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    March 27, 1889

    “Civil Sunday and Civil Lent” American Sentinel 4, 10.

    E. J. Waggoner

    A few weeks ago we received from a friend a long communication received by him from a friend who is a prominent and active member of the Prohibition party in Ohio. The letter was a defense of the Prohibition party against the charge of desiring religious legislation, but as it would fill about four pages of the AMERICAN SENTINEL, we were forced to decline it. One paragraph, however, we preserved, and present it herewith:—AMS March 27, 1889, page 73.1

    “Nowhere has or does the Prohibition party ask that the Sabbath be preserved as a religious institution, but, on the contrary, asks it on purely civil grounds, and for purely civil reasons.”AMS March 27, 1889, page 73.2

    We are not disposed to deny that statement, and we are not aware that we have ever said anything to the contrary. It is admitted that the Prohibition party has asked for legislation in behalf of “the Sabbath,” and that is enough. We care not on what grounds such legislation is asked for; we have no more objection to Sunday legislation upon avowedly religious grounds than we have for Sunday legislation upon professedly civil grounds. Sunday legislation is Sunday legislation, no matter what reason is given for it. It can have but one effect, whether asked for in the interest of religion, of temperance, of the workingman, as a “police regulation,” or as a purely “sanitary arrangement,” for the cure of corns or some other of the numerous ills that flesh is heir to.AMS March 27, 1889, page 73.3

    We have no doubt that very many people are sincere in their appeal for “civil Sunday laws.” They believe that religious legislation is a bad thing, and, without stopping to reason, they imagine that if they can only change the name, the evils will all vanish. Sunday is purely an institution of the church, and Sunday legislation cannot be anything else but religious legislation. This becomes specially apparent when its advocates talk about preserving “the Sabbath.” It makes no difference what day of the week men have in mind when they speak of the Sabbath, the fact is that “the Sabbath” is a religious institution. If its observance is enforced by civil law, that will not deprive it of its ecclesiastical character. If Sunday observance is enjoined for purely civil reasons, then we shall have religious legislation for civil reasons. Now it is not the reasons for the legislation that we object to, but the fact of the legislation.AMS March 27, 1889, page 73.4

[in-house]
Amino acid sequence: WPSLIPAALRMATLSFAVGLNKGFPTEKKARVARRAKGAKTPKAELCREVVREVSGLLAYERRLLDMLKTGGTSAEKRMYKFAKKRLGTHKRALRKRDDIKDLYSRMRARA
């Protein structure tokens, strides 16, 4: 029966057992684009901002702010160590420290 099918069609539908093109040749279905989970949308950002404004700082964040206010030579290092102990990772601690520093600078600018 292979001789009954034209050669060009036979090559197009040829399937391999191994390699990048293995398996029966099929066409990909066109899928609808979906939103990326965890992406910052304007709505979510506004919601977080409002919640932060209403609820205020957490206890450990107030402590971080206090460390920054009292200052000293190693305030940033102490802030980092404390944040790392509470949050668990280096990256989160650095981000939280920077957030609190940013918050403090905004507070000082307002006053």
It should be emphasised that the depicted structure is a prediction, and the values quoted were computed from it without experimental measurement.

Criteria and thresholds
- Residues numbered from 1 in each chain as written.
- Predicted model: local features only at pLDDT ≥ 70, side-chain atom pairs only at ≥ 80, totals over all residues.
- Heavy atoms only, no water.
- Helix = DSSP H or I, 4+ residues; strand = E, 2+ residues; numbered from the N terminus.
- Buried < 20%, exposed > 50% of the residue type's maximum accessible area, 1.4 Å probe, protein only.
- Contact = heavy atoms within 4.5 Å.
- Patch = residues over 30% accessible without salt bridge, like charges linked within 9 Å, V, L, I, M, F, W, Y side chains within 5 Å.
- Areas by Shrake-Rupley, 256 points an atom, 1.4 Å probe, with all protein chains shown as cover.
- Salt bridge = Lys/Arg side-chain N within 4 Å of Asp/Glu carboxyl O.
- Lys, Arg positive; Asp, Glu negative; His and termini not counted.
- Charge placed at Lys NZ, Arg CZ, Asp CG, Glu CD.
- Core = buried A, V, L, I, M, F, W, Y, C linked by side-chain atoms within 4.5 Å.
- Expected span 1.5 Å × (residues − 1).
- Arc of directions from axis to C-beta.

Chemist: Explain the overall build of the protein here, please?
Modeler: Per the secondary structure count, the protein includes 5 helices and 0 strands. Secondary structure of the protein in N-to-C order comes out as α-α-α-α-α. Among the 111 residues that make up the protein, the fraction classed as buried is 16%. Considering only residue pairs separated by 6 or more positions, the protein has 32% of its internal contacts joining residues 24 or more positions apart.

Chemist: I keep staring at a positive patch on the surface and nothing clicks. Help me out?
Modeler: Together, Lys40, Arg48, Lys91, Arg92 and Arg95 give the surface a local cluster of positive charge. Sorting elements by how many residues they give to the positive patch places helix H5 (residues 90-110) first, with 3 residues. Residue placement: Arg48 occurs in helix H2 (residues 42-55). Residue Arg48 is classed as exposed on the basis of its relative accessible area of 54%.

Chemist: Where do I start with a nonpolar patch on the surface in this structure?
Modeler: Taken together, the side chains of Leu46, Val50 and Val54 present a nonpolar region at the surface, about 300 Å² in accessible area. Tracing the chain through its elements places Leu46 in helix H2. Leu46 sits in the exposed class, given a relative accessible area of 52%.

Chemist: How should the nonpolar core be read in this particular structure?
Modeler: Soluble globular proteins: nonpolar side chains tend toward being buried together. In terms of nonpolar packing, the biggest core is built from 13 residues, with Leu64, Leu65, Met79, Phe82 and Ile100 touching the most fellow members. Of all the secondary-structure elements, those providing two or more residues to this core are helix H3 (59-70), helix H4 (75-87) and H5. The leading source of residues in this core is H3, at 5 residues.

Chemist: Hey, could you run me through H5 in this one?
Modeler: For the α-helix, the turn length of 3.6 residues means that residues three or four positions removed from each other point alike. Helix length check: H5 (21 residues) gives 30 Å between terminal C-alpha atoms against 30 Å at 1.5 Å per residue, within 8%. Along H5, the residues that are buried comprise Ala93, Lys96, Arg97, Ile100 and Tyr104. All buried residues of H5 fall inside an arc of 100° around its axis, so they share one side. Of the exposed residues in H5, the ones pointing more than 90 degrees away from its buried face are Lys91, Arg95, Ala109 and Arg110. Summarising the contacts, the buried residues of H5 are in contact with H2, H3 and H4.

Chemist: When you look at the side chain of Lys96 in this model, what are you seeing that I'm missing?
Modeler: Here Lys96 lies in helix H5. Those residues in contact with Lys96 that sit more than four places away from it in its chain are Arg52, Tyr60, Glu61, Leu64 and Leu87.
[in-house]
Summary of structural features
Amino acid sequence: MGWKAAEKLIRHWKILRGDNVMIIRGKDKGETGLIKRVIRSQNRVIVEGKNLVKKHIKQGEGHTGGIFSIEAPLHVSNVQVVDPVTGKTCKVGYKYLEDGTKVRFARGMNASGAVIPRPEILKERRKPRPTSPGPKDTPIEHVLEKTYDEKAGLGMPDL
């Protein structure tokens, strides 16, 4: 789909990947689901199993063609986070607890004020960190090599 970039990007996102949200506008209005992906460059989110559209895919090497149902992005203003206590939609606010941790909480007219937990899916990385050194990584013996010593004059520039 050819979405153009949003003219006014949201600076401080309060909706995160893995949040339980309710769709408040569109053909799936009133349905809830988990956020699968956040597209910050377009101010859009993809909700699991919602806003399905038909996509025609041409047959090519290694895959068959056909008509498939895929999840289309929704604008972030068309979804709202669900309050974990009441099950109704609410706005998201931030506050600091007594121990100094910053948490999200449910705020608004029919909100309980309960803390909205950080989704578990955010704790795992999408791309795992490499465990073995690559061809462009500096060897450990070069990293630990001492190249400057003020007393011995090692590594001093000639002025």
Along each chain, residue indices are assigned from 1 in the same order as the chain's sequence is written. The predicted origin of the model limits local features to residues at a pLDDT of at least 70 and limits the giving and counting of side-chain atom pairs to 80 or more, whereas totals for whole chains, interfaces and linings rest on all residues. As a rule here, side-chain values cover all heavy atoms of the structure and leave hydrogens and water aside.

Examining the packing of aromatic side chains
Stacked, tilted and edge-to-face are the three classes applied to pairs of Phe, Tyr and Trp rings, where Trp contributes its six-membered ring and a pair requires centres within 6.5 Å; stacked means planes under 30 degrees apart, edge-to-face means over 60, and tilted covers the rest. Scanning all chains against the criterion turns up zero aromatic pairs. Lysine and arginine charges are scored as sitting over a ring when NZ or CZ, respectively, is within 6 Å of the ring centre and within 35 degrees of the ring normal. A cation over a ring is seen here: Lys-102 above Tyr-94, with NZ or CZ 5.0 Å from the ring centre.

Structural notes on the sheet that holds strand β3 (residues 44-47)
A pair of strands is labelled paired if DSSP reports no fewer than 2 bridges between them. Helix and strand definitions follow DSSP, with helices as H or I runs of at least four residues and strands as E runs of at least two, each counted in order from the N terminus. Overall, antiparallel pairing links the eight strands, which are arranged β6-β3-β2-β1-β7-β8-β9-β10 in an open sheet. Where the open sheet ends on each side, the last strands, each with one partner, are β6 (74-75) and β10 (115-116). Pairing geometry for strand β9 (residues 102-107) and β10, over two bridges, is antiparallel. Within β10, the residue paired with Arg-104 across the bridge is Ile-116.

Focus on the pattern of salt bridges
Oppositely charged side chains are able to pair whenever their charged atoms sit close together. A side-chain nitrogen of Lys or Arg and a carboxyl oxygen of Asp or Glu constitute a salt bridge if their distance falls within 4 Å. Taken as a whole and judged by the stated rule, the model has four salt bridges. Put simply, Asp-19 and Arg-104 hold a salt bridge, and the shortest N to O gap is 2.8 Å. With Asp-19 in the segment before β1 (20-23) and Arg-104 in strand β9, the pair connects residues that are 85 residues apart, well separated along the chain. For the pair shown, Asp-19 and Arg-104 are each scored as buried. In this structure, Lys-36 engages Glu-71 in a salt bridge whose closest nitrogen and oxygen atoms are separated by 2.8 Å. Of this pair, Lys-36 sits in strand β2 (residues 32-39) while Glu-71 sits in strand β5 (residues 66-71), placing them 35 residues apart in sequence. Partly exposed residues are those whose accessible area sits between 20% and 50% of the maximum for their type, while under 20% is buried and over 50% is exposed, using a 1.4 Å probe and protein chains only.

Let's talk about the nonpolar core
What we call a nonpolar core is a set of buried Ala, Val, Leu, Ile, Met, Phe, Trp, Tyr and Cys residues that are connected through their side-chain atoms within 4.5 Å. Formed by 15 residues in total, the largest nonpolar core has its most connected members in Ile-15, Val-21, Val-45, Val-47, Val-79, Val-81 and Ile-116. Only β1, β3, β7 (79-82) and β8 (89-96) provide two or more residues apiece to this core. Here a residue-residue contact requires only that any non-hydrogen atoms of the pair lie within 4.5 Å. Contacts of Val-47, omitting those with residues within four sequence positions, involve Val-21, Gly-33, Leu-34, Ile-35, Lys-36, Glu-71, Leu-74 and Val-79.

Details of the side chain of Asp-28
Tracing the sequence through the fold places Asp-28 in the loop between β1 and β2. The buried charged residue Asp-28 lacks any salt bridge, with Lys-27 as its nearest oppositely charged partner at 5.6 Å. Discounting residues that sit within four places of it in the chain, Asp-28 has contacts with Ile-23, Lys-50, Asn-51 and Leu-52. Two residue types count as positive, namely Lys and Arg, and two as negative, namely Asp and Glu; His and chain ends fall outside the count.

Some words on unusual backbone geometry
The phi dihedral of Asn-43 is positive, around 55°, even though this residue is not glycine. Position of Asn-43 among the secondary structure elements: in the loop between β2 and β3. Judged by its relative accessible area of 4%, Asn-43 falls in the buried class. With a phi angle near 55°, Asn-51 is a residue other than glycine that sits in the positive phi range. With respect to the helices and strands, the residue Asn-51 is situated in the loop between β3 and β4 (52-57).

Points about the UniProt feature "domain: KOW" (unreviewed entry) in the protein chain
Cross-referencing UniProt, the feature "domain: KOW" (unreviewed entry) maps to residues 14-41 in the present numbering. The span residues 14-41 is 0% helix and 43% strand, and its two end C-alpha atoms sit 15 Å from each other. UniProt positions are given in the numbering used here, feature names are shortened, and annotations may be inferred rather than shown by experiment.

The people who are active in the support of Sunday laws “for purely civil reasons,” have a great deal to say about the kind of men who are elected to official positions in the State. They say that an immoral, licentious man should not be elected to public office. But the friends of these immoral men might say, We do not want to put them in office on the basis of their private moral characters, but solely on intellectual grounds; he may be an immoral man, but we are electing him only in his civil and not in his moral aspect. Would the National Reformers accept any such reasoning? Not by any means. They would say that an immoral man would still be an immoral man, no matter on what grounds he was placed in office. Why is it that they cannot or will not see that the name that may be given to Sunday legislation does not change its character.AMS March 27, 1889, page 73.5

    The State might as well, command the observance of Lent as to command the observance of Sunday. Both are institutions of the church, and both might be enforced from “purely civil grounds.” Certainly considerations of health demand that six weeks of the year should be spent in a mild mortification of the flesh. Thousands of people would have no intermission in their round of gaiety if it were not for the halt which Lent calls; yet there are other thousands who pay no attention to Lent, and who keep all sorts of amusements going, much to the discomfort of those who see them, and yet are deprived by the customs of their church from joining in them.AMS March 27, 1889, page 73.6